…is a finishing process which involves punching holes in sheets of paper. Drilling may involve one hole or many holes being placed in a sheet. A common use for drilling is to enable materials to be displayed later in a three ring binder.
…refers to binding which takes place on a digital press or on a printing press. This is becoming more common on digital presses, although the capabilities of various companies will vary.
…are offset printing inks which are formulated using oil as a base.
…are offset printing inks which are formulated using rubber as a base.
…are offset printing inks which are formulated using vegetable oils (like soy) as a base. The Print Authority uses soy and vegetable-based inks, which are made from renewable resources and are generally better for the environment.
…refers to paper or other waste in the printing process. Setup, and waste, can vary from process to process and operator to operator.
…refers to the situation where a printing company reruns a printing job after the first one is completed due to a defect in the job. Successful printing companies try to keep redos to a minimum by employing rigorous quality checking throughout the production process.
…is an electronic format for text without any graphics incorporated. While this is not typically used as the final format for a printed piece, it can be helpful in moving large quantities of text electronically.
…is what takes place when a client provides text only for a printing job and a designer or printing company works the text into a layout for final printing. Frequently, the final layout may include graphics, photos or other elements.
…is the process of designing documents for printing or use on the internet.
…refers to the boldness of a particular font used.
…refers to the size of the type used for a particular project. Typefaces/fonts are readily available in various point sizes.
…refers to the graphic design of any printed piece.
…refers to the process in offset printing where a press operator uses the four process colors to approximate a PMS ink color. Generally speaking, in process color printing, specific colors can be fairly closely approximated, but never matched exactly unless a spot color is run on press.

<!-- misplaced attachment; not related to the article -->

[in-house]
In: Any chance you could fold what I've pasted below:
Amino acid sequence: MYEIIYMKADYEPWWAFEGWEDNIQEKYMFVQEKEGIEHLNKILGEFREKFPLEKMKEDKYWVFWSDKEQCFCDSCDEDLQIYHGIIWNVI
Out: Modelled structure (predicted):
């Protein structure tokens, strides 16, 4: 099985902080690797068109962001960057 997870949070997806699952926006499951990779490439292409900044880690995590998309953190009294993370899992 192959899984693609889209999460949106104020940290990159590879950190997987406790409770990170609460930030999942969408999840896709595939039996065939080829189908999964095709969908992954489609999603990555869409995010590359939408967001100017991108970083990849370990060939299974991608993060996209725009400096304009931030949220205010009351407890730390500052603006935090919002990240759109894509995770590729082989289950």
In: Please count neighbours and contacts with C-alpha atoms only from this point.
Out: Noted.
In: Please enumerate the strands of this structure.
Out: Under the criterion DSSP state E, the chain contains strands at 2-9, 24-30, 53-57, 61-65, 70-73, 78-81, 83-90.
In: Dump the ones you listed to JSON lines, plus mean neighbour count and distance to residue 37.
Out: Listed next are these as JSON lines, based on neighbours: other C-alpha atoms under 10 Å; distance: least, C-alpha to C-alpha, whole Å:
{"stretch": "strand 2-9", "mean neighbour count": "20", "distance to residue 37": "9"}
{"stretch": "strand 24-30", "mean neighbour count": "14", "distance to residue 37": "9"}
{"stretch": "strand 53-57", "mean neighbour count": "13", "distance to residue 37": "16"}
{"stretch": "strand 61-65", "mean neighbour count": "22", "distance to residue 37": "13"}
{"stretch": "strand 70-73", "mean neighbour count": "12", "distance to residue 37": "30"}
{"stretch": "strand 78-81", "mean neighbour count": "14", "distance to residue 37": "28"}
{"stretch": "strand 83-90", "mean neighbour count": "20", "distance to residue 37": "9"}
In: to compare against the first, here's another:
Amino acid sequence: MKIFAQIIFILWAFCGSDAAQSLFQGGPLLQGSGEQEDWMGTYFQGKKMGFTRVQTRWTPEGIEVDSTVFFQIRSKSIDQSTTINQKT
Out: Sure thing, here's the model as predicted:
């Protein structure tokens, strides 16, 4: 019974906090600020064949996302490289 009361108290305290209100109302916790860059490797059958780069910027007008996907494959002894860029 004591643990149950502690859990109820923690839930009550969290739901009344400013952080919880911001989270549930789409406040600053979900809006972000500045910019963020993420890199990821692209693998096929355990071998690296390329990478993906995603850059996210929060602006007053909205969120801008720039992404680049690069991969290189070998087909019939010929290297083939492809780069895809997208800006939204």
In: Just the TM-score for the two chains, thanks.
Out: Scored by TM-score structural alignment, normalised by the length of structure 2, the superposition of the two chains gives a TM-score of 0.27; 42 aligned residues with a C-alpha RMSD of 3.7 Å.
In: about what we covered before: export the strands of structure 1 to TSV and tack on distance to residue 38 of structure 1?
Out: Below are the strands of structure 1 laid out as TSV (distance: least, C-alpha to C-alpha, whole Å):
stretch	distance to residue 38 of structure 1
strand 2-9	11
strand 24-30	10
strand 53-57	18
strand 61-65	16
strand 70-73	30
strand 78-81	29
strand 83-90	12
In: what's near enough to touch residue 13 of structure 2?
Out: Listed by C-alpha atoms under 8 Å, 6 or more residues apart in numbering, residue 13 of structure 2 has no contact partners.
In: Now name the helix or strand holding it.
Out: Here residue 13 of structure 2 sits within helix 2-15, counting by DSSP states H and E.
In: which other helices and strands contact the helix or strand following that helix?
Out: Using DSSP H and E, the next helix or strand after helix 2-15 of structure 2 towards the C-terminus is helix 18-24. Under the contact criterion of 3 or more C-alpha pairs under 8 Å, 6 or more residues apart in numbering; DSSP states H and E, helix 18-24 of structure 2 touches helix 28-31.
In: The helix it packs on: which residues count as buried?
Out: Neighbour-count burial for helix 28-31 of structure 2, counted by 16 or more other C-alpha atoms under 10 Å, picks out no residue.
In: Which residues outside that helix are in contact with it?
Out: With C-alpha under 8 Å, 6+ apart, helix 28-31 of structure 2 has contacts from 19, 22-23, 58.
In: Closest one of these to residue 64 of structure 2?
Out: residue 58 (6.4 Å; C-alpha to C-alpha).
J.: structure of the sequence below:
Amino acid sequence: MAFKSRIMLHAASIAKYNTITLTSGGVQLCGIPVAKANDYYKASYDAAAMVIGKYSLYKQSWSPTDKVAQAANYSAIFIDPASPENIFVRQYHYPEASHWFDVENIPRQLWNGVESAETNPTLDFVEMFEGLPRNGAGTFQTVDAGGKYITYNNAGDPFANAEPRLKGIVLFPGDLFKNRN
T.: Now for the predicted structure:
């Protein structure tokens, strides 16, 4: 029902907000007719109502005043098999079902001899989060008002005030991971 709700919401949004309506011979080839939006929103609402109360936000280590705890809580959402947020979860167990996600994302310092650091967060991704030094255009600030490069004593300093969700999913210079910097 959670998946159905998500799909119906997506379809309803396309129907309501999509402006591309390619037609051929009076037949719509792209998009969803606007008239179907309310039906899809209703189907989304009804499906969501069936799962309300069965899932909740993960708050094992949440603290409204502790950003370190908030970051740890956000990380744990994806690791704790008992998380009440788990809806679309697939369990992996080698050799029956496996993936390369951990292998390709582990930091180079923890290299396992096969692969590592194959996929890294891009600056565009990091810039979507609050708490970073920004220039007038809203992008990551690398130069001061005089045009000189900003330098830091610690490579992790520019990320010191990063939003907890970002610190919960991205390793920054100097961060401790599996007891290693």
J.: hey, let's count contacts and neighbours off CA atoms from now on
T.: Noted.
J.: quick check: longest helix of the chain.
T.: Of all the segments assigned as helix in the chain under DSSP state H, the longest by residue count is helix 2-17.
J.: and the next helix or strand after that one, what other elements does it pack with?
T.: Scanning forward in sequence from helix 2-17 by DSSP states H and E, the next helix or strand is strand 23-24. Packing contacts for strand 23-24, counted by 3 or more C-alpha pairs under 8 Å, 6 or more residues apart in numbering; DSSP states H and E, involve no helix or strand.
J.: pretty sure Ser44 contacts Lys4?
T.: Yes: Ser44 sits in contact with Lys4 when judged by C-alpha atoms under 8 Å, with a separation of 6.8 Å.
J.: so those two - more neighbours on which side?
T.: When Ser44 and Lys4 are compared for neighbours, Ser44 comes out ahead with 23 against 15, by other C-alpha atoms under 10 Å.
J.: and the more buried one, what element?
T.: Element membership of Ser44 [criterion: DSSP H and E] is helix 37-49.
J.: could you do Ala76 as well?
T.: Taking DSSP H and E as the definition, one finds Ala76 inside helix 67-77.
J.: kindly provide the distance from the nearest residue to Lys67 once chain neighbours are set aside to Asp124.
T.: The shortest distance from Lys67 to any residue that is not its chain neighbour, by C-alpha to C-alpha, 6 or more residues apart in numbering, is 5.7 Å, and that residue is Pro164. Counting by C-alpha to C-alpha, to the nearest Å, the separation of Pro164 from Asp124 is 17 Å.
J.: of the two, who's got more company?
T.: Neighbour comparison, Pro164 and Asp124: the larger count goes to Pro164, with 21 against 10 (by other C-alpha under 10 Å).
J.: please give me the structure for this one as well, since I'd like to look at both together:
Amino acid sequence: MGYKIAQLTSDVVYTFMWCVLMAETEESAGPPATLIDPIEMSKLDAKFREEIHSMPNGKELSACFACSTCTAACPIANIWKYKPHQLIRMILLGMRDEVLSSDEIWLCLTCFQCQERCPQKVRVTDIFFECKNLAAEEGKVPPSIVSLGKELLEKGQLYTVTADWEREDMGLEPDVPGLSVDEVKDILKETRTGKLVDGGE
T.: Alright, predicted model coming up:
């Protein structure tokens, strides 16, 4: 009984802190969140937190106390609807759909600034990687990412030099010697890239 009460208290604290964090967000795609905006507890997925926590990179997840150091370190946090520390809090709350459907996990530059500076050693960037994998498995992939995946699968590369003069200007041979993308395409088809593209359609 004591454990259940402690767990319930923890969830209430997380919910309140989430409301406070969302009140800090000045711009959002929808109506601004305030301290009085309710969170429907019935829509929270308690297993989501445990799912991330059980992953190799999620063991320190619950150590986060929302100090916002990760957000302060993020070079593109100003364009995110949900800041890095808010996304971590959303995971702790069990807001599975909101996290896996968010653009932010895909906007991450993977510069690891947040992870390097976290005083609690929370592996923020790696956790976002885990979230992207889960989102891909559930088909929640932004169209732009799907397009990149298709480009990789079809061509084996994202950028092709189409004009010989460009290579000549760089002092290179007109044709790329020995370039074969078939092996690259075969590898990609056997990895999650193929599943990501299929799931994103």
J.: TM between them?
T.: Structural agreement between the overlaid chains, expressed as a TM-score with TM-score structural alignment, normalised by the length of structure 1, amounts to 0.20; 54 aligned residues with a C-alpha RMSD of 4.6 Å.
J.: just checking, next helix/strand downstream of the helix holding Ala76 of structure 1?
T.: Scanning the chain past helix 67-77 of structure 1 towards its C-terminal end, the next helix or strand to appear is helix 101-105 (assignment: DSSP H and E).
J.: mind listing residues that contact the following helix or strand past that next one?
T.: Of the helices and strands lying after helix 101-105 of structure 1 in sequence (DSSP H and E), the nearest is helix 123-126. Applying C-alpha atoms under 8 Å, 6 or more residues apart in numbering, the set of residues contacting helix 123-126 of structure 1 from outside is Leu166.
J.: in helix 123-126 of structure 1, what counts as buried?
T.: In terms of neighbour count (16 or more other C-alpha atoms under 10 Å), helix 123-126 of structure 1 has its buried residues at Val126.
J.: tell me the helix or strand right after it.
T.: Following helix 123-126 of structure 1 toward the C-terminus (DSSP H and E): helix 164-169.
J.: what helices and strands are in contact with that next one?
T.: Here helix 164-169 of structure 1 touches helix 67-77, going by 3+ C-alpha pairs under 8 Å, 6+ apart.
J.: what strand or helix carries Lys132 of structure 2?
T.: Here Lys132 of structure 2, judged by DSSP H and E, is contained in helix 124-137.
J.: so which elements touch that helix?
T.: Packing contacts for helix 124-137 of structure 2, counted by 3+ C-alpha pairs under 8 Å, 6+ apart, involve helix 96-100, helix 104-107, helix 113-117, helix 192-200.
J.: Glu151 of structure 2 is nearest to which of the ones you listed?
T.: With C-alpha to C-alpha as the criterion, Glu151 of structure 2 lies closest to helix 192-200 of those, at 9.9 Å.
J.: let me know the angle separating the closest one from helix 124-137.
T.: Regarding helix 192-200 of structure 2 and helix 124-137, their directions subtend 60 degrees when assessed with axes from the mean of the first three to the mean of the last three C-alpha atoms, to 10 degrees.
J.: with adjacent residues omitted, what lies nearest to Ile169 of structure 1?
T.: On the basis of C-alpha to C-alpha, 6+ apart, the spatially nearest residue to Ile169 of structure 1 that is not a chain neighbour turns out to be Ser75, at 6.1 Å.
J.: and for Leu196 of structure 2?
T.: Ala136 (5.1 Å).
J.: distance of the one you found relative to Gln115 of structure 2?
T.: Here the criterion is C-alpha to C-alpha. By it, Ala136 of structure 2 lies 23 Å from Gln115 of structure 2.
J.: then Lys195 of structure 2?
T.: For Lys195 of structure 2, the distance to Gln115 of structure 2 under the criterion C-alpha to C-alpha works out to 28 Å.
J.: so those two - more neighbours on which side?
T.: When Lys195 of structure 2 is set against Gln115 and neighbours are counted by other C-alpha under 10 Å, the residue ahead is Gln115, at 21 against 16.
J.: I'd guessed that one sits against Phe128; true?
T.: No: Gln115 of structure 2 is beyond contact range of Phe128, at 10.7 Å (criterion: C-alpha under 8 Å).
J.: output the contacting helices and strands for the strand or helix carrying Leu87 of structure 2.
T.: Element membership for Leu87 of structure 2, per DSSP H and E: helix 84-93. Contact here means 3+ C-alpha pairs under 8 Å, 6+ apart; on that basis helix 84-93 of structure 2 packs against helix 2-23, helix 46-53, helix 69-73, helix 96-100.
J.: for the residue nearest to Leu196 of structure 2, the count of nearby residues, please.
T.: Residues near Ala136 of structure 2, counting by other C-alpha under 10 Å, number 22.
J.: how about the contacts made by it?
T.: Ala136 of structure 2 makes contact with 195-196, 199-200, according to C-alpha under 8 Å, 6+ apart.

…is a PMS ink with metallic fragments. These can appear shiny when printed on coated papers, because the ink dries flat on the smooth surface allowing the metallic fragments to lay flat and reflect the maximum light. However, when the same metallic ink is printed on uncoated paper, absorption of the ink into the porous surface of the paper causes the metallic fragments to lay unevenly and reflect less light. The result is the loss of most of the shine.
…refers to a printed sheet where the entire sheet is covered in a large solid area of ink. This may also be referred to as Full Solid Coverage.
…is a small area of type or an image which is not printed inside of a large area of solid ink coverage.
…is providing storage, packaging, order taking and shipping services for a client. Some people refer to storing and shipping out materials as “Pick and Pack,” although nowadays many items can be printed on demand rather than stored.
…is someone who does not produce printed materials, but who vends them out through various printers for resale to clients.
…refers to ordering printing online, either through a public site or one customized for the print buyer.
…is an offset printing press which feeds cut sheets through for printing. These are optimal for small to large runs.
…is an offset printing press which feeds rolls of paper through for printing. These are optimal for extremely high quantity runs.
…is a finishing process where a label is die cut such that individual labels can be peeled easily off of a backing sheet at a later time.
…is an attachment which rolls up to an offset printing press and allows for rapid feeding of envelopes through the press.
…refers to the electronic file to be used for some type of printing.
…refers to the amount by which small dots in a screened area increase in size when they are printed. Traditionally, offset printed dots expand slightly when wet ink hits the paper.
...refers to the number of rows of dots that fit in 1” of space (measured in dpi--dots per inch). Rows of dots are used for halftones (reproducing photographs) and for shaded areas. A higher line screen usually translates into finer detail being visible in the printed screen.
…refers to the number of sheets per minute or hour that an offset press can print.
…refers to the number of smaller images that will fit on a press sheet (also known as Multi Up or Number Out). As an example, many standard sized business cards can fit onto a press sheet. If 10 cards fit on the sheet, the business cards are said to be printed 10 up.
…is one of the larger cut sheet sizes that a particular paper stock is available in.
…is the size of the sheet which is run through a printing press. This will vary according to equipment and job specifications.
…is a problem mostly associated with Digital Printing. As many digital presses use heat in processing the printing, sometimes sheets curl in the process. Curling can interfere with some finishing functions after printing.